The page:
The Wrong Prior Knowledge

One of the biggest sins one can commit inside instruction of any kind—curriculum or live teaching—is to simply instantiate a concept or skill seemingly out of thin air, like magic. “Here’s how to solve a proportion using the means-and-extremes method,” for example—no functional connection to prior learning, no motivating the need for the knowledge, just poof. (Unfortunately, it is this degenerate caricature of telling that is wrongly held up as the only form of telling possible in teaching.)

The force of this moral commitment against magic in instruction is not absolute in anyone’s mind. But it is also strong enough, I think, to make us desperate to include, for a given concept, any prior-knowledge connection we can lay our hands on, some kind of motivating idea. And not only is it possible for us to choose poorly in this regard, it is certainly possible that such desperation makes bad choices more likely.

This is what I think has happened with the concept of multiplication. Desperate to find some way of making multiplication make sense to students, we made the mistake of connecting it to students’ prior knowledge of addition, and, by doing so, have created a situation where generations of students confuse the two operations at multiple points in their educational journeys. Even with less “additive” connections like area models or equal groups, most students (and then adults) still maintain a notion of multiplication as a kind of fast addition. Here’s how I think the operations are schematized in most students’ minds:

Addition and subtraction are conceptualized correctly, not only in themselves as appending and taking away quantities, but also in relation to each other: taking away is, more or less intuitively, the inverse of appending. But because multiplication is just turbo-charged addition, the only good candidate for its inverse would be turbo-charged subtraction. Yet, we have decided, collectively, that a different connection underlies division: equal shares. This leaves us in a state where we sort of know, intellectually, that multiplication and division are inverses; we just don’t really think of them or treat them that way. This schema also leaves us with the notion that division doesn’t increase or decrease a quantity—it just spreads it out. And that multiplication only increases a quantity. It’s a mess.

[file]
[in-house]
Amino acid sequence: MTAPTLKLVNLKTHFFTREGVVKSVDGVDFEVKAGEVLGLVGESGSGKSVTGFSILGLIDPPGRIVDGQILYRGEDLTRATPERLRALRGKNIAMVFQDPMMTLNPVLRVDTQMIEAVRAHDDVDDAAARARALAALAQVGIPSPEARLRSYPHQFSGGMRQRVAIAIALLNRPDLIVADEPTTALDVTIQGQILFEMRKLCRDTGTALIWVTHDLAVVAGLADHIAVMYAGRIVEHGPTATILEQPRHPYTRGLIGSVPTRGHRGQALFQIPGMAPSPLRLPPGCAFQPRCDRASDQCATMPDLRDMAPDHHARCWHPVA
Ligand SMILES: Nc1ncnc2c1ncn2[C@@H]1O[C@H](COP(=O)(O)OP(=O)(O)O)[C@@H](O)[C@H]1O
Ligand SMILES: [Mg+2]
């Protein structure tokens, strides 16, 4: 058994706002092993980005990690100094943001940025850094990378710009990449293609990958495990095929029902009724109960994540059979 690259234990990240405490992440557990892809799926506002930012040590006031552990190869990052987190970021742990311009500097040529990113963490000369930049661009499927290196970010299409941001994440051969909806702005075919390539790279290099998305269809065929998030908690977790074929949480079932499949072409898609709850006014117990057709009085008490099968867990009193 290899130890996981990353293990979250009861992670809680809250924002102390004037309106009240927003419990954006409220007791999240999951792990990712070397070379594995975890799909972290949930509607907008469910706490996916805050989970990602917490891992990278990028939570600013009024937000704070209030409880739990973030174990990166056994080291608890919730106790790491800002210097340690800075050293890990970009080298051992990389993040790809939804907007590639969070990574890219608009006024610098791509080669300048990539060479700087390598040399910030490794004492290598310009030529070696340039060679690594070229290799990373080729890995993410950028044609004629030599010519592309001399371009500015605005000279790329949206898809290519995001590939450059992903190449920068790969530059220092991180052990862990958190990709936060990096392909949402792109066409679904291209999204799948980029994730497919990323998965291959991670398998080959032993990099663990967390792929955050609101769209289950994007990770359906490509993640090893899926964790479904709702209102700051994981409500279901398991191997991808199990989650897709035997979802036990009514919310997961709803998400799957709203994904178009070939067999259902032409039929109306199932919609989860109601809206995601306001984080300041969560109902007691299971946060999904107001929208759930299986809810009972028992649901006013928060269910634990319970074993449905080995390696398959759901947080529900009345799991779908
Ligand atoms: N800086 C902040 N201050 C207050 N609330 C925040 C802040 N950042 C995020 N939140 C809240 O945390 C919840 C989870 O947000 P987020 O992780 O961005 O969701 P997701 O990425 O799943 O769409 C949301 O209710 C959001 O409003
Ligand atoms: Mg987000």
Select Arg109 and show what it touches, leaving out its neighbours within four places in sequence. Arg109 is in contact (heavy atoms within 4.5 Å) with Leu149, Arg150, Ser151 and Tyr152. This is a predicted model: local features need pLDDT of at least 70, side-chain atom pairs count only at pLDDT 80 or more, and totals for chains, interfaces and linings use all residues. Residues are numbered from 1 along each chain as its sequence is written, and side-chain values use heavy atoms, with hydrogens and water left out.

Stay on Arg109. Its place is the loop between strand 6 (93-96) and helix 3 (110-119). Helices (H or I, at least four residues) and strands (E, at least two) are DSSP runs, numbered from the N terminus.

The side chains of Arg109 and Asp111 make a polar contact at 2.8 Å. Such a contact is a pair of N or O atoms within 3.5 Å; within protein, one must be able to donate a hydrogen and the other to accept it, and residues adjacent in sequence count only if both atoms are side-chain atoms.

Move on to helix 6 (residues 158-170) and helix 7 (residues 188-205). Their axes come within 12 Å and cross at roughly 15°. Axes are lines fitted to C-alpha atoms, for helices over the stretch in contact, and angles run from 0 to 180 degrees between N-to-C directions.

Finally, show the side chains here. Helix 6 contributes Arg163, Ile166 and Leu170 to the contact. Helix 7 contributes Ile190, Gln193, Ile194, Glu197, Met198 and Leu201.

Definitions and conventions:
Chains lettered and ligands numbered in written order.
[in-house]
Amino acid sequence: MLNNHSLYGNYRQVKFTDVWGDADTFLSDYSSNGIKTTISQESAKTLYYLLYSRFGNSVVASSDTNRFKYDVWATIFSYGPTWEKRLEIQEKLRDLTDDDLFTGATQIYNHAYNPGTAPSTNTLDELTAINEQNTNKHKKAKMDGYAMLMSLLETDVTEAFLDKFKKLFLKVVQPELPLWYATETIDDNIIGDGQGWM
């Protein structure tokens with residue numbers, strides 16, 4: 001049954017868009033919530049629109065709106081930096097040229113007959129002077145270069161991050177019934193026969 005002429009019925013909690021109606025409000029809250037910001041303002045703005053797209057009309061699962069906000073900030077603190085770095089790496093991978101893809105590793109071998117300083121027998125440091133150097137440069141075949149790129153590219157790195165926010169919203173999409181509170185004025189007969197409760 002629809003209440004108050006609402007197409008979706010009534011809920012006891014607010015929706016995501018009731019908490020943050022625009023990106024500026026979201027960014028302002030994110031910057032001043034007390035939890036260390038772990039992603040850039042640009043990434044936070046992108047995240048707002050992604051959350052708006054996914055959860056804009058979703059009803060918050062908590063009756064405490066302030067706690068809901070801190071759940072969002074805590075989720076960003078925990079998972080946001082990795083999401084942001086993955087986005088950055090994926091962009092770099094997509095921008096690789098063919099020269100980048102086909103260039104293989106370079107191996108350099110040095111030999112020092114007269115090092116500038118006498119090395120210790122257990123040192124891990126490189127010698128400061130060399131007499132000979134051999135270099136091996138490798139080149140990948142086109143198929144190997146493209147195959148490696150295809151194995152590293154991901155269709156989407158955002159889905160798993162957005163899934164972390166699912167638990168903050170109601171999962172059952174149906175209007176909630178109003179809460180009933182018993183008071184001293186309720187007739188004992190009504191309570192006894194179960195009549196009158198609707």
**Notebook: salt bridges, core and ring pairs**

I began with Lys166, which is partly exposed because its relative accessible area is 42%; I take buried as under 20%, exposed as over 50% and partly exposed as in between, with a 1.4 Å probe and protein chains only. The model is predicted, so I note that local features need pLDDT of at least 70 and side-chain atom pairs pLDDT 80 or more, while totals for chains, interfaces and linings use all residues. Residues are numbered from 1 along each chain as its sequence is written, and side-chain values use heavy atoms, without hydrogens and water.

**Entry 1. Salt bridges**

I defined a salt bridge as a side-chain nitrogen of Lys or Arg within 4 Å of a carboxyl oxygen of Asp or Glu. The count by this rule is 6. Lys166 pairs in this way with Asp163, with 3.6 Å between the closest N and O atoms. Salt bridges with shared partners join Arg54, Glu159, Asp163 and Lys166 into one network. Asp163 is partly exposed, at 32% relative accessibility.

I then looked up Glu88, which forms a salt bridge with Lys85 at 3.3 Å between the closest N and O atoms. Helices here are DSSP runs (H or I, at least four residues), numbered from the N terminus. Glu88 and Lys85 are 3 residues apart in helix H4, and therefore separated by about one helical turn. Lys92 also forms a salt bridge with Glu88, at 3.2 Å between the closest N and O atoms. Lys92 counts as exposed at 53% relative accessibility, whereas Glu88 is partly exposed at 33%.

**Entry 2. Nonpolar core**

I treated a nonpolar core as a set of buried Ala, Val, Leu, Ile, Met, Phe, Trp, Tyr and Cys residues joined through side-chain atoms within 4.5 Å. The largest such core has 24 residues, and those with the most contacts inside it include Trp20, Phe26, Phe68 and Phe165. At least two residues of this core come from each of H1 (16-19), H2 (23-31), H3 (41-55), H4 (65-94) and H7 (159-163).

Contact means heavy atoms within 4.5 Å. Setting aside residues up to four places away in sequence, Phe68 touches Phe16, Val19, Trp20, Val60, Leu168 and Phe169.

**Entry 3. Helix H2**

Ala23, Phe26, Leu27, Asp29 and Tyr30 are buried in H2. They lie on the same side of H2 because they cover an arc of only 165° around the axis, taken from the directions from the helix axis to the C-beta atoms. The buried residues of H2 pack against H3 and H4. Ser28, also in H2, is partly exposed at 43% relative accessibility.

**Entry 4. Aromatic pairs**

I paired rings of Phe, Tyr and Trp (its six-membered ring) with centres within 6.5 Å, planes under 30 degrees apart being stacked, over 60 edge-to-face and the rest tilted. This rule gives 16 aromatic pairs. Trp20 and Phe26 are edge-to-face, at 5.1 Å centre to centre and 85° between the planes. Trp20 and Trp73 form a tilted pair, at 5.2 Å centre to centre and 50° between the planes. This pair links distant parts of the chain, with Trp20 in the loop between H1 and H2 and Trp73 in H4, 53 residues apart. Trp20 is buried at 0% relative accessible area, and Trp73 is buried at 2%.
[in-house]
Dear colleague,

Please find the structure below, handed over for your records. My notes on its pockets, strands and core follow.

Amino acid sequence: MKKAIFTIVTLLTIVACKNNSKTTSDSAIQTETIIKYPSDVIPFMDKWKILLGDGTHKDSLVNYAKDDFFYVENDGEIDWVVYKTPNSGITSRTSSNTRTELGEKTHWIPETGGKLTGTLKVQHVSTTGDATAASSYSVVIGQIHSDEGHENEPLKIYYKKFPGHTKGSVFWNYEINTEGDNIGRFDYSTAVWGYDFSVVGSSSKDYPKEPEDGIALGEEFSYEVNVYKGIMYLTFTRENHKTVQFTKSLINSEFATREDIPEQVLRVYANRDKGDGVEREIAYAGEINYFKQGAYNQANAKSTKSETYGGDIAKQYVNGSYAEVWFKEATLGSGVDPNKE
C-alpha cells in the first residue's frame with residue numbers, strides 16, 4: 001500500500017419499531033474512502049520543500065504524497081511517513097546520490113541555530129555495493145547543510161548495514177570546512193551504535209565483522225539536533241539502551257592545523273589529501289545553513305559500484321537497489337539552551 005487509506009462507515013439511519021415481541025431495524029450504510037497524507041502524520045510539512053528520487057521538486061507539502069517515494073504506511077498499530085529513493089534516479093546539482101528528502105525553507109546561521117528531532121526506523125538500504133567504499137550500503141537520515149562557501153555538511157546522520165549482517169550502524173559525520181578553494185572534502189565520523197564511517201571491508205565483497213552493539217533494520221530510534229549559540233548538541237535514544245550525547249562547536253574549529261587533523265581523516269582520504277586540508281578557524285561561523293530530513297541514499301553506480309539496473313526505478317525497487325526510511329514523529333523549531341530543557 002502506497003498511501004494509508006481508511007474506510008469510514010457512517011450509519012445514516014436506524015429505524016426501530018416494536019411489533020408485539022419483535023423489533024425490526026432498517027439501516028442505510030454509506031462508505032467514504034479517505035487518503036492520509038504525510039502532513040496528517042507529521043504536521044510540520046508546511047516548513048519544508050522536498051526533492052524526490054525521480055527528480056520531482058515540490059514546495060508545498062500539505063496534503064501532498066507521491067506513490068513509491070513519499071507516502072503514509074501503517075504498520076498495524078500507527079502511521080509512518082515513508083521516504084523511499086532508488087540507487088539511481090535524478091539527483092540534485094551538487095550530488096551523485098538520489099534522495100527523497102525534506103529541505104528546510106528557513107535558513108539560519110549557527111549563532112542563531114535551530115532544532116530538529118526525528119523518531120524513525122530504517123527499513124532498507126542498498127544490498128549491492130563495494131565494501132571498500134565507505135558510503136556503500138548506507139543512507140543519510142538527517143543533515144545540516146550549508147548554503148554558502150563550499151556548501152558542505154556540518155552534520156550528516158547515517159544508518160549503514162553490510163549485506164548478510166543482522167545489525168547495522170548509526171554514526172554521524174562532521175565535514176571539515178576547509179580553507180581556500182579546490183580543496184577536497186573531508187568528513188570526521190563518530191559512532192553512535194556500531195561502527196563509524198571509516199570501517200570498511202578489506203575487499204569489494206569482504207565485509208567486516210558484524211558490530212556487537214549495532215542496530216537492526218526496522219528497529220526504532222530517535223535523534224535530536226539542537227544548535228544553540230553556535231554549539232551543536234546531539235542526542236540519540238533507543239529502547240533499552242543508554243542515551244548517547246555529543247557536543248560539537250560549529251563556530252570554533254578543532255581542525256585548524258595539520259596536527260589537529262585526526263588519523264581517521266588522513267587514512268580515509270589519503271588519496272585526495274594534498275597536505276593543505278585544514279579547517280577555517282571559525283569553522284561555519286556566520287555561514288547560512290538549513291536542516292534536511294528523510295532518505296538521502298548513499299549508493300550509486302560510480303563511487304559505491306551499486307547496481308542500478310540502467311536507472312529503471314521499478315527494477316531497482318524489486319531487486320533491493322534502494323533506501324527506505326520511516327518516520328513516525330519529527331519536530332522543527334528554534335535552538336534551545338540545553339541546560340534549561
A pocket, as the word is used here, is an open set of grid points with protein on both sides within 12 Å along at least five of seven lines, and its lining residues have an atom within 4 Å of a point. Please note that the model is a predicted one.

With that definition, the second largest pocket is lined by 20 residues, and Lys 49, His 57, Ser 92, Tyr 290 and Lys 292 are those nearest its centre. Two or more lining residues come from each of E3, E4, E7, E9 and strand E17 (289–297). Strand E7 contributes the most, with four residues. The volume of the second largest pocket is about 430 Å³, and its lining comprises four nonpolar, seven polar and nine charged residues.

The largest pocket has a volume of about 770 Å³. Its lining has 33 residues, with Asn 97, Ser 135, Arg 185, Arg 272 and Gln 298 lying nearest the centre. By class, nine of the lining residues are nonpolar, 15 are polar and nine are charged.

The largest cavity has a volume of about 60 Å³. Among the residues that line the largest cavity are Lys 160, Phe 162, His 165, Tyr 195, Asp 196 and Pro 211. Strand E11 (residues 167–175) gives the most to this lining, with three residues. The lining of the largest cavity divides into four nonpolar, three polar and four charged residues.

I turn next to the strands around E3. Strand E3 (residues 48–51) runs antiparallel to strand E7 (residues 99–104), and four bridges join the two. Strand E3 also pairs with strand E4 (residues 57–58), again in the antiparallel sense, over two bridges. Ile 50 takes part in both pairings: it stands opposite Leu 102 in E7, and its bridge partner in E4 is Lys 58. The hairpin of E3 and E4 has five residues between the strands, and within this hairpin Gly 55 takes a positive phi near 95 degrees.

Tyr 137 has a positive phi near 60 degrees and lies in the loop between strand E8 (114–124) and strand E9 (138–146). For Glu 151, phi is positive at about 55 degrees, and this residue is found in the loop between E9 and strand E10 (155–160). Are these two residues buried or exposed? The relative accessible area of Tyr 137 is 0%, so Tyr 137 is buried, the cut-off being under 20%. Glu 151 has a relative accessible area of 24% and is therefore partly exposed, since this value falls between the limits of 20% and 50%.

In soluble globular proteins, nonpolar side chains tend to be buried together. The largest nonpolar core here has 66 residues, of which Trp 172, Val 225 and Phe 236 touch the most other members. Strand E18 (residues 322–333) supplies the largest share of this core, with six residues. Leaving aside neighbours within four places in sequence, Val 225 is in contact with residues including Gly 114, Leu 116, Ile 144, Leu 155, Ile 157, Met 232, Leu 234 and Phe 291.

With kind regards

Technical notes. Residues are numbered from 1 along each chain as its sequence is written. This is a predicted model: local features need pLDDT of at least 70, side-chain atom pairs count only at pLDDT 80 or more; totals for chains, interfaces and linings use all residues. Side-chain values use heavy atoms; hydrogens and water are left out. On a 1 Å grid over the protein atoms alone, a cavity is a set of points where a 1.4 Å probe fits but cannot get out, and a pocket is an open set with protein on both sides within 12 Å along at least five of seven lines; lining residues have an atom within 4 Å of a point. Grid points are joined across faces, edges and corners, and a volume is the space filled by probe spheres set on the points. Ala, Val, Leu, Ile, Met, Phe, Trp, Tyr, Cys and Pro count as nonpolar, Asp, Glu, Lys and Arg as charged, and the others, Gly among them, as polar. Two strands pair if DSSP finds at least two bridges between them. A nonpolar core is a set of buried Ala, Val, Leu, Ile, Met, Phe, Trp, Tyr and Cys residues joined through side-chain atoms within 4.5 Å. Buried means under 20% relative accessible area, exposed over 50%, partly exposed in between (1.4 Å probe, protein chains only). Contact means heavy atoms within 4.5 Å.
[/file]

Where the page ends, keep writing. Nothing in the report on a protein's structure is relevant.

Multiplication as Cloning

Students’ schemas around multiplication certainly don’t have to match the “official” organization of concepts in mathematics, but it is somewhat concerning that we have drifted so far from the official version. Ideally, the schema should have two rows, one for addition and its inverse, subtraction, and one for multiplication and its inverse, division. Connections can be drawn among all the operations, of course, but these two rows should be distinct. Multiplication and division do different things to numbers than addition and subtraction.

The best example of this distinction I have come across, for adults, is to imagine a number line and then what each operation does to all the numbers on that line. Adding 2 to every number on the number line translates all the numbers 2 units to the right. Subtraction by 2 moves them all back. Multiplication, on the other hand, does something very different. With 0 fixed, it stretches (dilates) all the rest of the numbers into place. Division compresses them back.

All of that is pretty abstract for students. So, what if we started like this instead, with the notion of multiplication as a kind of cloning device:

We’re not simply appending a quantity to a starting quantity, we’re cloning what we started with (which is why we can’t go anywhere when we start with 0). And we also have a code that we can consistently decipher: for integers, \(\mathtt{a\times b}\) means that every 1 unit in \(\mathtt{a}\) expands to \(\mathtt{b}\). We can do this in different ways, because we can change what we mean by “1 unit.” The quantity 3 on the left expands to 6, using 1 square consistently as 1 unit. On the right, we essentially have \(\mathtt{\left(2+1\right)\times 2}\), using 2 as the unit in 1 case and 1 as the unit in the other. The code simply tells us that every unit expands to \(\mathtt{b}\) units. With the right perspective on multiplication, we pick up the Distributive Property for free (and axiomatically free it is in mathematics).

The best part of this code is that it doesn’t have to change when we reach fractions (yet, the additive model has to be thrown away at this point; good luck, students!).

Even for integers written as fractions, what \(\mathtt{4\times 3}\) means is that every 1 unit (the denominator of the multiplier) in 4 expands to 3 units. Given this interpretation, I’m hoping you can feel, in this next image, how satisfying it is to see not only how fraction multiplication and division use the same code, but also see division in its rightful place as the inverse of multiplication:

Despite its potential benefits, this approach will no doubt face resistance from some educators due to its unconventional nature. But in my mind, this is how curriculum improves: here’s an idea, let’s talk with the experts. Experts (of classroom teaching): the realities of the classroom mean that I can only take the idea this far. Let’s work out the solution! (More examples welcome!)

Published by

Josh Fisher

Instructional designer, software development in K-12 mathematics education.